I am due to retire from a private company by mid-2011. My wife is a schoolteacher. We have two sons and they are financially independent. We have two residential flats in Mumbai, in the the name of my wife and myself. We live in one and the other is vacant. I have two fixed deposits (FDs)—bank (Rs 63 lakh) and company (Rs 8 lakh). I hold shares worth Rs 56 lakh and have invested in eight mutual funds (MFs) whose current value is Rs 6 lakh. We have no liabilities. We both have Bajaj Allianz Silver Health Policies of Rs 3 lakh each. My company will also provide a medical policy for my wife and myself after I retire. This plan will cover day-to-day expenses up to Rs 70,000 per annum. I will get about Rs 90 lakh, post-tax, as retirement benefits in the second half of 2011. This includes Rs 25 lakh of superannuation fund, which will be converted into a monthly pension at 7.75% per annum (current rate may change). Using my current and retirement funds, I propose to make an investment portfolio of around Rs 2.2 crore. I would invest 66% in fixed income, while 34% in equities. Annuity scheme from superannuation fund, Senior Citizens Savings Scheme, company FDs, bank FDs would generate a monthly gross income for Rs 99,000. Equity MF schemes and direct investment in large blue-chip companies would generate Rs 61,000 per annum, while rent from my second flat will provide another Rs 25,000. My gross monthly income will come to around Rs 1.85 lakh. Please suggest if the above portfolio needs to be improved to enhance the income and reduce tax liability.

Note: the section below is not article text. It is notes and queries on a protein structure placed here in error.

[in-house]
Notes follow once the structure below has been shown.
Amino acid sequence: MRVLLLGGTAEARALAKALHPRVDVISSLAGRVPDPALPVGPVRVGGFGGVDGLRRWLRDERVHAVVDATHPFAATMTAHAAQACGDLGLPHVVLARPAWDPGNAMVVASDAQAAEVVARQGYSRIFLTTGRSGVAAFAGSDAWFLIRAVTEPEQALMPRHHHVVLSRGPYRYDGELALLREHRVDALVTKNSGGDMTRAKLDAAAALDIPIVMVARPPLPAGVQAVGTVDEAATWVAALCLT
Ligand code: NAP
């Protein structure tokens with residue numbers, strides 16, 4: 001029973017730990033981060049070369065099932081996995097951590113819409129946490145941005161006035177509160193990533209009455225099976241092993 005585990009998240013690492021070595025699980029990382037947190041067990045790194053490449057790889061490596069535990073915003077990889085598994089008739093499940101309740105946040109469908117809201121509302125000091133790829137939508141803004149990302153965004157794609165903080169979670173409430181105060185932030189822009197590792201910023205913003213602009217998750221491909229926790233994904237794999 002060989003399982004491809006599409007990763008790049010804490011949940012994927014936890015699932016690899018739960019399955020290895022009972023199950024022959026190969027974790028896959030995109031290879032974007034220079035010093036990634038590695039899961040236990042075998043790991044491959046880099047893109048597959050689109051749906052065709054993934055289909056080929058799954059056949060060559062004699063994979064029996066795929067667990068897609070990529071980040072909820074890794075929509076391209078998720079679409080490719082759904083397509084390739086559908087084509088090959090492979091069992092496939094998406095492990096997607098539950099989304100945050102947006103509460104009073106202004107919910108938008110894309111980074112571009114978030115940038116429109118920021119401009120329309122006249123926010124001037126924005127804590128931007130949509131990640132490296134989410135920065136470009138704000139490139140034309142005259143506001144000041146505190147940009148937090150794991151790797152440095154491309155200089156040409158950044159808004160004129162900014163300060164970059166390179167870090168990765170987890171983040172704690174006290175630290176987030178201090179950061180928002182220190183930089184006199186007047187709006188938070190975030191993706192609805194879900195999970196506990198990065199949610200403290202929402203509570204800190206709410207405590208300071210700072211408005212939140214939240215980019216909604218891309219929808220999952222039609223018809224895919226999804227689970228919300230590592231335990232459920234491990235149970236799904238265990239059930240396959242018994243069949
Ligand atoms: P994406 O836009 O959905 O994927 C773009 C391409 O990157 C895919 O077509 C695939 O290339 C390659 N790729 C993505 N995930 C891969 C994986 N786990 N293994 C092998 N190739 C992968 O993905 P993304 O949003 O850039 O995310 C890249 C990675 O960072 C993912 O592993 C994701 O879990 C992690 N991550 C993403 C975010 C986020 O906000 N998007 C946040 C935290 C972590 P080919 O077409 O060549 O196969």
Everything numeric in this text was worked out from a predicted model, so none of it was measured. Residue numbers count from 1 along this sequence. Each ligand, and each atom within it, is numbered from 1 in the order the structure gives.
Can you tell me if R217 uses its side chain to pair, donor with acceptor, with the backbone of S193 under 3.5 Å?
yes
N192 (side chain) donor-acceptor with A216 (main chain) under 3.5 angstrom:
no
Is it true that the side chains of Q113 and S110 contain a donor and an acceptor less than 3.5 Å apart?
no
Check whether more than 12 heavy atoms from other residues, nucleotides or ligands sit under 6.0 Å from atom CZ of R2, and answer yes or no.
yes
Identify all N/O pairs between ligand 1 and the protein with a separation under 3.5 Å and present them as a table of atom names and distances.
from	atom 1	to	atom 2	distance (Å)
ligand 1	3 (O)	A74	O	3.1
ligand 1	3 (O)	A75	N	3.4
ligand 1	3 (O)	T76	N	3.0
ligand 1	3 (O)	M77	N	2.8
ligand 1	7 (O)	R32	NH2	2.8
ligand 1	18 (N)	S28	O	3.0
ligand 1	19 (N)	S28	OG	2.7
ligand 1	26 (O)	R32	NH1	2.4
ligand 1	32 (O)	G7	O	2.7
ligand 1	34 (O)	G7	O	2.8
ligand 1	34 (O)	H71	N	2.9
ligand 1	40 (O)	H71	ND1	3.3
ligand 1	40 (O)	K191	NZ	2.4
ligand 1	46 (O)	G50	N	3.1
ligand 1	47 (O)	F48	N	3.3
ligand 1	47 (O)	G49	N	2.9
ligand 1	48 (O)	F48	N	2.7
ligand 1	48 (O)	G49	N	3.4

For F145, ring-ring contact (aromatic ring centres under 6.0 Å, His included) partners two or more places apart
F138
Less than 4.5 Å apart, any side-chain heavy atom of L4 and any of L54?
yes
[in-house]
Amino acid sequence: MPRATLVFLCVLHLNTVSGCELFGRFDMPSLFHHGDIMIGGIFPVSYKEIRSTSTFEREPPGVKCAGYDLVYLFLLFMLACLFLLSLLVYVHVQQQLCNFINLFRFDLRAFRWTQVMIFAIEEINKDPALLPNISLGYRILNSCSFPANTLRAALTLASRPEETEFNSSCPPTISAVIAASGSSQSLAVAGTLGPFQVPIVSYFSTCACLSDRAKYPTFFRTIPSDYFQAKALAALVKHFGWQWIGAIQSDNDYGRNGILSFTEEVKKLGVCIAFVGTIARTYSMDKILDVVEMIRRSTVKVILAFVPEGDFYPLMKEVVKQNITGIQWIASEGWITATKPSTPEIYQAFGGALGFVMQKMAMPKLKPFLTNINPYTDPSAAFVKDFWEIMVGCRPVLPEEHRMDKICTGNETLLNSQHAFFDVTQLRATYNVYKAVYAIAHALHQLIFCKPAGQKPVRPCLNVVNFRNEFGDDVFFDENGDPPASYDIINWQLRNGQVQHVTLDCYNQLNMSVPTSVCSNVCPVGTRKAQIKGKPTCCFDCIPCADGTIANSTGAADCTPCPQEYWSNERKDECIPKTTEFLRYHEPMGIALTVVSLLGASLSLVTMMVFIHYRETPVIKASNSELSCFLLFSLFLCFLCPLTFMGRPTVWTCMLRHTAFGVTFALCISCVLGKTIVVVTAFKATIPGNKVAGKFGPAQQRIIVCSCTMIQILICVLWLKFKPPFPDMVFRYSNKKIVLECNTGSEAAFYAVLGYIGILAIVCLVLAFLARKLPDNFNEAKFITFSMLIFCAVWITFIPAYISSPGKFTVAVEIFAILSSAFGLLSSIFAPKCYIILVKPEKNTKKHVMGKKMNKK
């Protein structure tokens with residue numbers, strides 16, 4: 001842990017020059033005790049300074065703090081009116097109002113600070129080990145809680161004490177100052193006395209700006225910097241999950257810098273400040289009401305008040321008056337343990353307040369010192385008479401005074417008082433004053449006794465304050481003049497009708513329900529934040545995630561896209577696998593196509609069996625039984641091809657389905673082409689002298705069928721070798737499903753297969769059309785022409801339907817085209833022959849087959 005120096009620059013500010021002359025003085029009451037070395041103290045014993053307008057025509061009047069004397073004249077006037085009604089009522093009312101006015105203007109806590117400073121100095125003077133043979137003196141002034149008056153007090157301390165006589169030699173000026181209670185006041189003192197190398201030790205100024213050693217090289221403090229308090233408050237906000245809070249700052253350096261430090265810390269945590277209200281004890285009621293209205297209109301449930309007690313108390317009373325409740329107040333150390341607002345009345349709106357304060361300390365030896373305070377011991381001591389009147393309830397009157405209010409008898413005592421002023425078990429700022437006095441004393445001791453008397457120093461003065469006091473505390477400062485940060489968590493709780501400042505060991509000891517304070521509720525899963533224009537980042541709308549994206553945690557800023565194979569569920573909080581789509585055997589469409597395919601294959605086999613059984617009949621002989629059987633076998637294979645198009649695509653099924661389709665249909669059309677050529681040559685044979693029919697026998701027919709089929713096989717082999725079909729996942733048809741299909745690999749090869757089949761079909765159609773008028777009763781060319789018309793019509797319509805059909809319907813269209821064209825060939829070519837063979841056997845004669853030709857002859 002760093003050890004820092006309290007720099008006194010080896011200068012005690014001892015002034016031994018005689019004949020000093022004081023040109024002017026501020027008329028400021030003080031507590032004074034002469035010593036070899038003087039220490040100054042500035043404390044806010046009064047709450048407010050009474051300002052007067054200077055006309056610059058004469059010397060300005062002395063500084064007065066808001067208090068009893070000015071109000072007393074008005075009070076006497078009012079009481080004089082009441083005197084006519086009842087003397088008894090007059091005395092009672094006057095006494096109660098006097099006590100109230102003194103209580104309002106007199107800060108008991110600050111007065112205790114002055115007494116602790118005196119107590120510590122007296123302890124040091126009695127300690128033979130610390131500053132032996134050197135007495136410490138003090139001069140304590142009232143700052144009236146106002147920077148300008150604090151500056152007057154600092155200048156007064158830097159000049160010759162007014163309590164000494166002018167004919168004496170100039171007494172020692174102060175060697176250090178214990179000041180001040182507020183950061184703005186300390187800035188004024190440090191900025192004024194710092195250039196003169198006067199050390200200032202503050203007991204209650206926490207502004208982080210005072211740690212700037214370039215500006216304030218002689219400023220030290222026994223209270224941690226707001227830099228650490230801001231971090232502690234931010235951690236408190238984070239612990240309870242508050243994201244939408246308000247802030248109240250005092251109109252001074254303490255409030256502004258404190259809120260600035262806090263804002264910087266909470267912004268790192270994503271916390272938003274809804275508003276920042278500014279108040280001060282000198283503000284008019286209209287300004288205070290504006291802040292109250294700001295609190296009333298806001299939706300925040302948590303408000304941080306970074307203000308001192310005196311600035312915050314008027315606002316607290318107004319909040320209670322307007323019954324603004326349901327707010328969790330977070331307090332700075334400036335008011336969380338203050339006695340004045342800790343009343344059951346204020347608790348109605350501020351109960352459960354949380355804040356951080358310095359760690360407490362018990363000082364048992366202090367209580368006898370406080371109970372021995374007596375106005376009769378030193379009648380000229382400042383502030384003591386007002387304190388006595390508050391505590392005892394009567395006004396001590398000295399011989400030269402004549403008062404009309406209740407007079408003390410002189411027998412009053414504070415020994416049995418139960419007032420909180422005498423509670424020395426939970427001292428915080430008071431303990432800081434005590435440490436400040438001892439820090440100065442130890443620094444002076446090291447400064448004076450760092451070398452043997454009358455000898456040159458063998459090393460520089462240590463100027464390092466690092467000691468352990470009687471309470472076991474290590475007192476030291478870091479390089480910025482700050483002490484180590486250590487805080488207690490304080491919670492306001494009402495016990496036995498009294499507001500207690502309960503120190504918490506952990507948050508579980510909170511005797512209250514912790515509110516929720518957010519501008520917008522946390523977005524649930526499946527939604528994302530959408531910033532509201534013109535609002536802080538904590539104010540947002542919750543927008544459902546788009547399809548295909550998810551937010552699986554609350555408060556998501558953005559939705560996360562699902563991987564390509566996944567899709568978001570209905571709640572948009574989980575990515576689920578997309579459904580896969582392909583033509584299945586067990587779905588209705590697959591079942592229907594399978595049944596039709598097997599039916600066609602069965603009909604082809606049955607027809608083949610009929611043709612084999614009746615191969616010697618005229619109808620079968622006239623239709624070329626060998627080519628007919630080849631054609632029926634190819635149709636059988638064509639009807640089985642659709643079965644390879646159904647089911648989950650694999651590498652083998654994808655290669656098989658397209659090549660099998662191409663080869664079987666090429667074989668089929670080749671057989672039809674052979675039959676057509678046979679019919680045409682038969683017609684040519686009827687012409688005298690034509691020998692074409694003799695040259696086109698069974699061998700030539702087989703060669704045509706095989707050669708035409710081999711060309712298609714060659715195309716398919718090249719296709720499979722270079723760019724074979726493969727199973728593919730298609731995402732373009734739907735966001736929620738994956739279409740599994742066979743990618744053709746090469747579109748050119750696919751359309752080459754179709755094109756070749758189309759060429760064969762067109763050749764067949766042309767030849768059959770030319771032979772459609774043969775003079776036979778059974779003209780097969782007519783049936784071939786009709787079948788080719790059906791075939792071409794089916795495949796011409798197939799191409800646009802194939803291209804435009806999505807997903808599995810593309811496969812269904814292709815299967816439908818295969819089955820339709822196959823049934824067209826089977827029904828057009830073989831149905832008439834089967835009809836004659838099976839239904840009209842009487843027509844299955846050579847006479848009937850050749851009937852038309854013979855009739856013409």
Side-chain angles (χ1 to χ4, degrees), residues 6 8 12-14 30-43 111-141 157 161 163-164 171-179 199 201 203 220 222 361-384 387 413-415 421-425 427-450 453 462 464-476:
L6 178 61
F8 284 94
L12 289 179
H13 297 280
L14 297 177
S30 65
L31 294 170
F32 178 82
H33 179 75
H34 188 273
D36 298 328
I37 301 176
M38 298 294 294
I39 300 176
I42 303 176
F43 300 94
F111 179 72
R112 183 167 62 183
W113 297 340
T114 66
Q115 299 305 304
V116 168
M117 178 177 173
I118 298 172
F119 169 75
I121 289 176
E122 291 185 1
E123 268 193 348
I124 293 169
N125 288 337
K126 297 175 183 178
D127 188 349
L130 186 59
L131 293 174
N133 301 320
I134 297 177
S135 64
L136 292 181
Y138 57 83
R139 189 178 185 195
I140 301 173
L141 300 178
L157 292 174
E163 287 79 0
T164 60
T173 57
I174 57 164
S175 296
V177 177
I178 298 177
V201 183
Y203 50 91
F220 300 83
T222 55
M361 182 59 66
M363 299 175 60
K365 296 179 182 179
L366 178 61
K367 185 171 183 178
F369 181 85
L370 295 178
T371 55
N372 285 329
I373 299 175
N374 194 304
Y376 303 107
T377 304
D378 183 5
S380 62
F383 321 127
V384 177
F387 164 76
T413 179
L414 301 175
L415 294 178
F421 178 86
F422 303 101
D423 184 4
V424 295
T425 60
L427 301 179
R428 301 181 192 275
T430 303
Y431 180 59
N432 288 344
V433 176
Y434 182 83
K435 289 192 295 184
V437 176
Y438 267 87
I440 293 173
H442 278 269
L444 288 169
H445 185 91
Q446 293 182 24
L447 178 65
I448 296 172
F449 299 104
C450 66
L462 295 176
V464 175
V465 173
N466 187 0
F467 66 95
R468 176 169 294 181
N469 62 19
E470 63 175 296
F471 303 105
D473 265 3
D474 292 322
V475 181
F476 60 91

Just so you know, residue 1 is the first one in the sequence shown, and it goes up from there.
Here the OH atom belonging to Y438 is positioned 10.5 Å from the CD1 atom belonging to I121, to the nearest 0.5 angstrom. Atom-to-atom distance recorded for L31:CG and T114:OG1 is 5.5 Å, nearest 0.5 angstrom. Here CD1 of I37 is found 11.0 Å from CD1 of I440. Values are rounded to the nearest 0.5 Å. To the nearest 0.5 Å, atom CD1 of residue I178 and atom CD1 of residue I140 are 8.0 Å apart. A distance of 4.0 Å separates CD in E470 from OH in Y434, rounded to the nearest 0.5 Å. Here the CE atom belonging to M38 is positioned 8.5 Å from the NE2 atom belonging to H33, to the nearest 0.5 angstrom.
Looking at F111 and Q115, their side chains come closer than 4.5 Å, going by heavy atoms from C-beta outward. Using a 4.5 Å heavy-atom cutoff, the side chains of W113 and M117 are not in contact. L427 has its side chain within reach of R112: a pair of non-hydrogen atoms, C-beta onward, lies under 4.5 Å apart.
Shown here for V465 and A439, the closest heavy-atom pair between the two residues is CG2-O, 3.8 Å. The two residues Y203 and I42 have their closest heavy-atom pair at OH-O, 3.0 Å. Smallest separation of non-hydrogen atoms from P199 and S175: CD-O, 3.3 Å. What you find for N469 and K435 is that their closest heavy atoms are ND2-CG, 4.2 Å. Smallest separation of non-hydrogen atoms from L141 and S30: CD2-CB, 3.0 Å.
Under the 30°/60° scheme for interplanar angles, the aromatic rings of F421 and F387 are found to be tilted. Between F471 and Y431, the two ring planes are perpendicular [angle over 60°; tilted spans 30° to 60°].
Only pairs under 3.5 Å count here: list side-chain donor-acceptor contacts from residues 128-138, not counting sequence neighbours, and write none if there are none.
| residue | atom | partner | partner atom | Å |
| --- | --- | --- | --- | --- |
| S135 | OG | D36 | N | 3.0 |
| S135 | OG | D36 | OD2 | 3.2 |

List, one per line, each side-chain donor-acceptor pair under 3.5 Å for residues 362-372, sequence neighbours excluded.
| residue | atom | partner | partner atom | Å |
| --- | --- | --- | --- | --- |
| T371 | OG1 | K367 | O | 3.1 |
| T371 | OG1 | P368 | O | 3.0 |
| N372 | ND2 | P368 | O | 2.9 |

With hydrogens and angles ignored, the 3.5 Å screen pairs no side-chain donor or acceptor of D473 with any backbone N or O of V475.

You have done a good job in planning you retirement corpus. There is enough diversification in the portfolio and the asset mix you have chosen is right for your age. There are a few changes you can consider as they will be more tax-efficient and will help you manage your portfolio better. You currently have a large exposure to bank deposits. While they are high on safety, they are taxable at your marginal tax rate. It is recommended you reduce your exposure in the same and consider products such as fixed maturity plans, which are more tax efficient. You are able to get the benefit of indexation (provided you keep it long enough to qualify for long-term capital gain) and they are taxable under capital gains tax.
Another change which you should consider is to reduce your direct stocks exposure and consider MFs instead. In case you are managing your equity portfolio actively and buying and selling stocks with better understanding, then you can continue with the same.
You can consider a floater policy, which gives you an additional cover of Rs 10 lakh jointly.
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